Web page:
Fact: We have seen numerous malpractices from these ‘so called regulated’ entities in our lifetime. Despite being regulated, they are not devoid of scams and sometimes might seems like a black box to outsiders. Trustlessness is the most important characteristic of Bitcoin. Bitcoin governance emerges from users through the software they run on their computers. Nobody calls the shots. The entire Bitcoin code is public, and we can verify the entire program ourselves. The governance components also involve the decentralization and the security considerations that have been mentioned in previous sections. Also, Bitcoin developers have no special powers to make users switch to a new network. Even if the Bitcoin Core developers were to release a new version of the software to create such a new network, users of the older software implementations could simply ignore the update and continue using the existing protocol as they please. That is the power of decentralization.

Report claim (pg. 18): Consensus protocol provides immutable seals to the blockchain ledger. Changing the records of one transaction would require the entire history of transactions on the chain to be changed. However, the keys associated with recording or changing a transaction are susceptible to theft or loss. In such cases, the digital assets could become irretrievable.

Fact: That was the basis of Bitcoin. Not your keys, not your funds. Users should use hardware wallets and other cold storage options to ensure that their keys never enter a network connected device.

Report claim (pg. 19): Permissionless distributed ledger systems hide the identity of the members in the network by using public key encryptions. Such encryption mechanisms make it very difficult for permissionless distributed ledger systems to comply with AML/ CFT regulations of different jurisdictions.

Fact: Despite having strong AML and FATF regulations in place, Fiat money outpaces Bitcoin by 800:1 in terms of money laundering according to this report. We are, however, mindful that Bitcoin has a very small presence amongst the populace right now and as a result these numbers might appear skewed. But what we want to point out is that money laundering is currently prevalent even with fiat money and pinning the blame solely on cryptocurrencies is incorrect. We point out later in this document how Bitcoin actually offers ways to prevent such money laundering due to its public ledger.

Report claim (pg. 27): Virtual currency in itself does not have any of the benefits associated with a fiat currency.

Fact: Bitcoin is a programmable money. Which means we can set several spending conditions directly into the transaction, which encumbers the bitcoins to satisfying those spending conditions. Imposing such conditions cannot be achieved with fiat money without a ‘trusted’ intermediary. Moreover, we still have millions of people living in rural India who do not have access to formal banking system but have access to a smartphone with a high speed 4G connection. Bitcoin being internet native currency helps connect those people with the formal financing. They can now take the advantage of this revolution and use decentralized finance application for loans and other financing needs. For fiat money, we need to set up a brick and mortar branch in order for them to open accounts. Prevention of fake currency and saving costs to print new currency notes are another such use cases. There are many more advantages that Bitcoin offers.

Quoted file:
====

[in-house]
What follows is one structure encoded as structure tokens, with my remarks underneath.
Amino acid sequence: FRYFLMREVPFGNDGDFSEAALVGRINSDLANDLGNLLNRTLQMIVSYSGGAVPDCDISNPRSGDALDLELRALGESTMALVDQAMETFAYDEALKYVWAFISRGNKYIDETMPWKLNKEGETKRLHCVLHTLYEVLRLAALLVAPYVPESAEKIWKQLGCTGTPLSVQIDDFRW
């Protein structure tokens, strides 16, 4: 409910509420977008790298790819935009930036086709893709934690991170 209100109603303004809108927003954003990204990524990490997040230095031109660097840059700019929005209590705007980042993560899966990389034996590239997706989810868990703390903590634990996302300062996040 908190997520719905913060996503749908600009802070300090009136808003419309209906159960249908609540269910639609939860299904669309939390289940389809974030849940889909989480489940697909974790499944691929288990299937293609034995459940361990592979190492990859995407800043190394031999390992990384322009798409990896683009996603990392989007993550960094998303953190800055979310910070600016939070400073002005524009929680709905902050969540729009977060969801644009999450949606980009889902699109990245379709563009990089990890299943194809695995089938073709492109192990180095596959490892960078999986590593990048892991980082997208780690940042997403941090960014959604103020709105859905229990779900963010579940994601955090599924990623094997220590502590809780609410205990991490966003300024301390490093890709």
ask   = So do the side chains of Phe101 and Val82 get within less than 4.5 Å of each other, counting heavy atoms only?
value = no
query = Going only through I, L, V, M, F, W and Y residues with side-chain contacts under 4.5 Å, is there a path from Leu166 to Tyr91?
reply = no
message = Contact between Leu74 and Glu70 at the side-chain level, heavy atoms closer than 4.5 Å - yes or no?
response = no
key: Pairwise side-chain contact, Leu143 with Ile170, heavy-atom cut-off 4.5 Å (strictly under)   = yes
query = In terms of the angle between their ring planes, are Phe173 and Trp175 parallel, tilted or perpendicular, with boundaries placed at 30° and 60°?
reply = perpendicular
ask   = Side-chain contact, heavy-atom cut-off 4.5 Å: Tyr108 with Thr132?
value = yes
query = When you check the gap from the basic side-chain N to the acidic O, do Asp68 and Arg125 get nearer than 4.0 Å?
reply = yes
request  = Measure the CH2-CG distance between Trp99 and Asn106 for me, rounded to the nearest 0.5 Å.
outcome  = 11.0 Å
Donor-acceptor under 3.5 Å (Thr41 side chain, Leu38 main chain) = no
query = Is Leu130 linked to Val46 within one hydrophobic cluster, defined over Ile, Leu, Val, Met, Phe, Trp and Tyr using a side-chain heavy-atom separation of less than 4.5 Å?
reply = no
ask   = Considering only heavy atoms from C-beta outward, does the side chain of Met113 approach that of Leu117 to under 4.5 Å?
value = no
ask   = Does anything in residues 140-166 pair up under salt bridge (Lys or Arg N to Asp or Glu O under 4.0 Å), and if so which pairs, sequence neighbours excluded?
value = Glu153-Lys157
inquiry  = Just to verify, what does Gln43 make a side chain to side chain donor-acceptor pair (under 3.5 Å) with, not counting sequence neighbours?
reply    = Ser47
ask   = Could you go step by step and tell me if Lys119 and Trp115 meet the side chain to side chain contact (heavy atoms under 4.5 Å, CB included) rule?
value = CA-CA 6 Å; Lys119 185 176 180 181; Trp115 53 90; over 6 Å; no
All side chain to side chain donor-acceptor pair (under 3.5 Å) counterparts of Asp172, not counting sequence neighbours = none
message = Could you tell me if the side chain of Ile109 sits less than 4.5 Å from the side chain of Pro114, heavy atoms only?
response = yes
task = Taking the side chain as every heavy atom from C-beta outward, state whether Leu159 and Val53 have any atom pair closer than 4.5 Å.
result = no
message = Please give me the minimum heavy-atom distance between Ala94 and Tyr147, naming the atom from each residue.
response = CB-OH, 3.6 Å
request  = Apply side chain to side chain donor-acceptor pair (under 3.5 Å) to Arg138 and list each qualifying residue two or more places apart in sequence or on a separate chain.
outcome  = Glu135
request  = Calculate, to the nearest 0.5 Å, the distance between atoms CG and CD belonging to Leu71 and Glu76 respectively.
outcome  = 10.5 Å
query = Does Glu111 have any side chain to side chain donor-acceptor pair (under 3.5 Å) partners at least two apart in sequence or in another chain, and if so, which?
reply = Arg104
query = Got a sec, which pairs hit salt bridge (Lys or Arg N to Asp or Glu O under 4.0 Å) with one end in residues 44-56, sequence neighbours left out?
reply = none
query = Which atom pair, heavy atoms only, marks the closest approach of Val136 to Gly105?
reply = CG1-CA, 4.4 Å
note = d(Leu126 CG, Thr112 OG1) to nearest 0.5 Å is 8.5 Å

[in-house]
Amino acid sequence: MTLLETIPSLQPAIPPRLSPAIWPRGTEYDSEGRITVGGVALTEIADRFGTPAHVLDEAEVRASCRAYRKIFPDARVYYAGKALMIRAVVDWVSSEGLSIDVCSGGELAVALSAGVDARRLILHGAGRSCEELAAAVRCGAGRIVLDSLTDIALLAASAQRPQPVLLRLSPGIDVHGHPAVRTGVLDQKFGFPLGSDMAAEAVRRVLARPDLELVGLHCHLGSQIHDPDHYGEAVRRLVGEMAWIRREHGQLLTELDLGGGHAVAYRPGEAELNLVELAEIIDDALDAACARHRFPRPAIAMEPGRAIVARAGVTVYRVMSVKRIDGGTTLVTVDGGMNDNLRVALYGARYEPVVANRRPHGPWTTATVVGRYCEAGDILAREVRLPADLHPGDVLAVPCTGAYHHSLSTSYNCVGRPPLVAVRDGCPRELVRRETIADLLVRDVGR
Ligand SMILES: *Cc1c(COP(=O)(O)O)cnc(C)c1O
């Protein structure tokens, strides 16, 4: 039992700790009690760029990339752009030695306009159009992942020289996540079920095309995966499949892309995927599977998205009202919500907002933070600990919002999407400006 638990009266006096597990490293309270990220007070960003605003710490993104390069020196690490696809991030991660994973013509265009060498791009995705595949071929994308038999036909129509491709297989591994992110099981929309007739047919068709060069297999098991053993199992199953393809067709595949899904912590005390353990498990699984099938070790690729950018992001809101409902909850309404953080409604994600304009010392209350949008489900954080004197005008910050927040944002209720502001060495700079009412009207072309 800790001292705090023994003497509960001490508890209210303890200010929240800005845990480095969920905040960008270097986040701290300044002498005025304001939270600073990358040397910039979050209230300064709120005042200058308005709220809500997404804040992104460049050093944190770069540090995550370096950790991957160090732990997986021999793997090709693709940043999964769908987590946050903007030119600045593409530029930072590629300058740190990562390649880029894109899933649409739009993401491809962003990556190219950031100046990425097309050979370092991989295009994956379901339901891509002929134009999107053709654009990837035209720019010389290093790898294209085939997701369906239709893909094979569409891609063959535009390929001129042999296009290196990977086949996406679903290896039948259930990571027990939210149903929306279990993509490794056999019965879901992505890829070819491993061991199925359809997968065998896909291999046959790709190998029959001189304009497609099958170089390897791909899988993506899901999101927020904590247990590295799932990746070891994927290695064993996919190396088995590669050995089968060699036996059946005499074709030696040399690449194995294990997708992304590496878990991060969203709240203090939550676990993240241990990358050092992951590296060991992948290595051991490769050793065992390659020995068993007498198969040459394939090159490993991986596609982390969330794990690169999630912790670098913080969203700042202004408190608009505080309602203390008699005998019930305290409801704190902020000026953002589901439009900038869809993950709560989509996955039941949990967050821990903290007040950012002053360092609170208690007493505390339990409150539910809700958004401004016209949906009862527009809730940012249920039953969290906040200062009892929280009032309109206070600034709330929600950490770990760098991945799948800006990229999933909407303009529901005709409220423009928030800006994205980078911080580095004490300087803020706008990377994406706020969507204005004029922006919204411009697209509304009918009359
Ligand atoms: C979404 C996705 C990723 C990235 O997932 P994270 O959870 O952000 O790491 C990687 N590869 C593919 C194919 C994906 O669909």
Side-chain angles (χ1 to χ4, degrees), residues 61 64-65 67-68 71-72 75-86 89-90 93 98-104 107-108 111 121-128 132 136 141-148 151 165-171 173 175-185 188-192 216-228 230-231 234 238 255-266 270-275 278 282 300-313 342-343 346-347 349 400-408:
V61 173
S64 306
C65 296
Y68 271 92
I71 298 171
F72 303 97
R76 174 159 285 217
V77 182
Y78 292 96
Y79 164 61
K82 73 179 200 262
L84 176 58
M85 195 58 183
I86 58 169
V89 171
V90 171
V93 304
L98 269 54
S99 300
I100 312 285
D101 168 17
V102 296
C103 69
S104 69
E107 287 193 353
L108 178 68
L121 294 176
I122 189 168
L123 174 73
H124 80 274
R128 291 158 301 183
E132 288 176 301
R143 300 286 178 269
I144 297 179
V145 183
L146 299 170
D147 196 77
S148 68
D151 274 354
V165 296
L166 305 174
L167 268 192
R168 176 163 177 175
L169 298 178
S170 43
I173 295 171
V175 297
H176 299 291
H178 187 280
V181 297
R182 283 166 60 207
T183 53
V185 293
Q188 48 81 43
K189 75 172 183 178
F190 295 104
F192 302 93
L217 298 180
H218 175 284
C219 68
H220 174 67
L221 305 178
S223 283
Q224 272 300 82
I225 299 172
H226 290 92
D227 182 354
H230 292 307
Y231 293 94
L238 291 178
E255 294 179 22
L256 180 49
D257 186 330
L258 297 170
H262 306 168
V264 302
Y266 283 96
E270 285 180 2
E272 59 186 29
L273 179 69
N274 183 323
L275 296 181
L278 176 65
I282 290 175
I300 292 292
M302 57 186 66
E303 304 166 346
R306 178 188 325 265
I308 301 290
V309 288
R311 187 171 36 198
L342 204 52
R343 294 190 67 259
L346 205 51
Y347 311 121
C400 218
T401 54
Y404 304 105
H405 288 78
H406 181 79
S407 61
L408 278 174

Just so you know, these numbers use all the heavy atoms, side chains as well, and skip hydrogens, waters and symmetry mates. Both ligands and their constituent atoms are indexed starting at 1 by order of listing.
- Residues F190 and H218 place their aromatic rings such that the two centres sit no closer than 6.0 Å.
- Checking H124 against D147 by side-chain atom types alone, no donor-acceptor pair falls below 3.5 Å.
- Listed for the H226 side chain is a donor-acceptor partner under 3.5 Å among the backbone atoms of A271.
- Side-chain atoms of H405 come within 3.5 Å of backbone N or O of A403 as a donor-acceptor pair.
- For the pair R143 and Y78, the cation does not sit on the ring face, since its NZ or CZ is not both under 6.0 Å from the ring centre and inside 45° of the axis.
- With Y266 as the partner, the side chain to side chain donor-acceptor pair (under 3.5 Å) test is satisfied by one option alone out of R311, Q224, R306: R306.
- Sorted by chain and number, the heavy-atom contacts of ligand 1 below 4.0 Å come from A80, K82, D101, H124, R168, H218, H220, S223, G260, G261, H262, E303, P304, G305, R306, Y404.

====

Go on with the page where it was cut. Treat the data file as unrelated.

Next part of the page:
Report claim (pg. 27): Such non-official digital currencies do not have the status of legal tender, and therefore have no inherent value beyond the utility their underlying technologies represent. Unlike fiat currencies, these cryptocurrencies do not have sovereign backing, nor do they have a formal, verified backing of bullion. It is possible that the cryptocurrencies might have functional benefits, such as some special functionality or tangible benefit that the cryptocurrency could provide. However, the market potential of these functionalities is subject to technological and behavioural changes, as well as the scope of financial investment that the cryptocurrencies can raise.

Fact: Gold has no inherent value beyond its usage in chemistry, electronics and dentistry. If we account for the value of gold based on those above use cases than its value will be minuscule to its current traded value. It is the psychology of the participants in the market that give gold its value in terms of its usage as jewelry, or as store of value. Despite that, gold is used as a bullion backing by central banks rather than banning it outright with an imprisonment for those possessing it.

Report claim (pg. 27): The large gap in transaction processing speed between cryptocurrencies (especially Bitcoin), and other electronic payment methods, hinders their ability to be used as medium of exchange. Moreover, large fluctuations in price preclude cryptocurrencies from being a suitable store of value.

Fact: Through Bitcoin’s Lightning Network, we can make transactions at a faster rate than the current Visa/Mastercard speed, with fees in order of few satoshis (1 Bitcoin = 10⁸ satoshis) as compared to 2–3% processing fees for the credit card operators. Moreover, the underlying decentralization is preserved, and all Lightning transactions are valid Bitcoin transactions, just that they are not broadcasted to the main chain.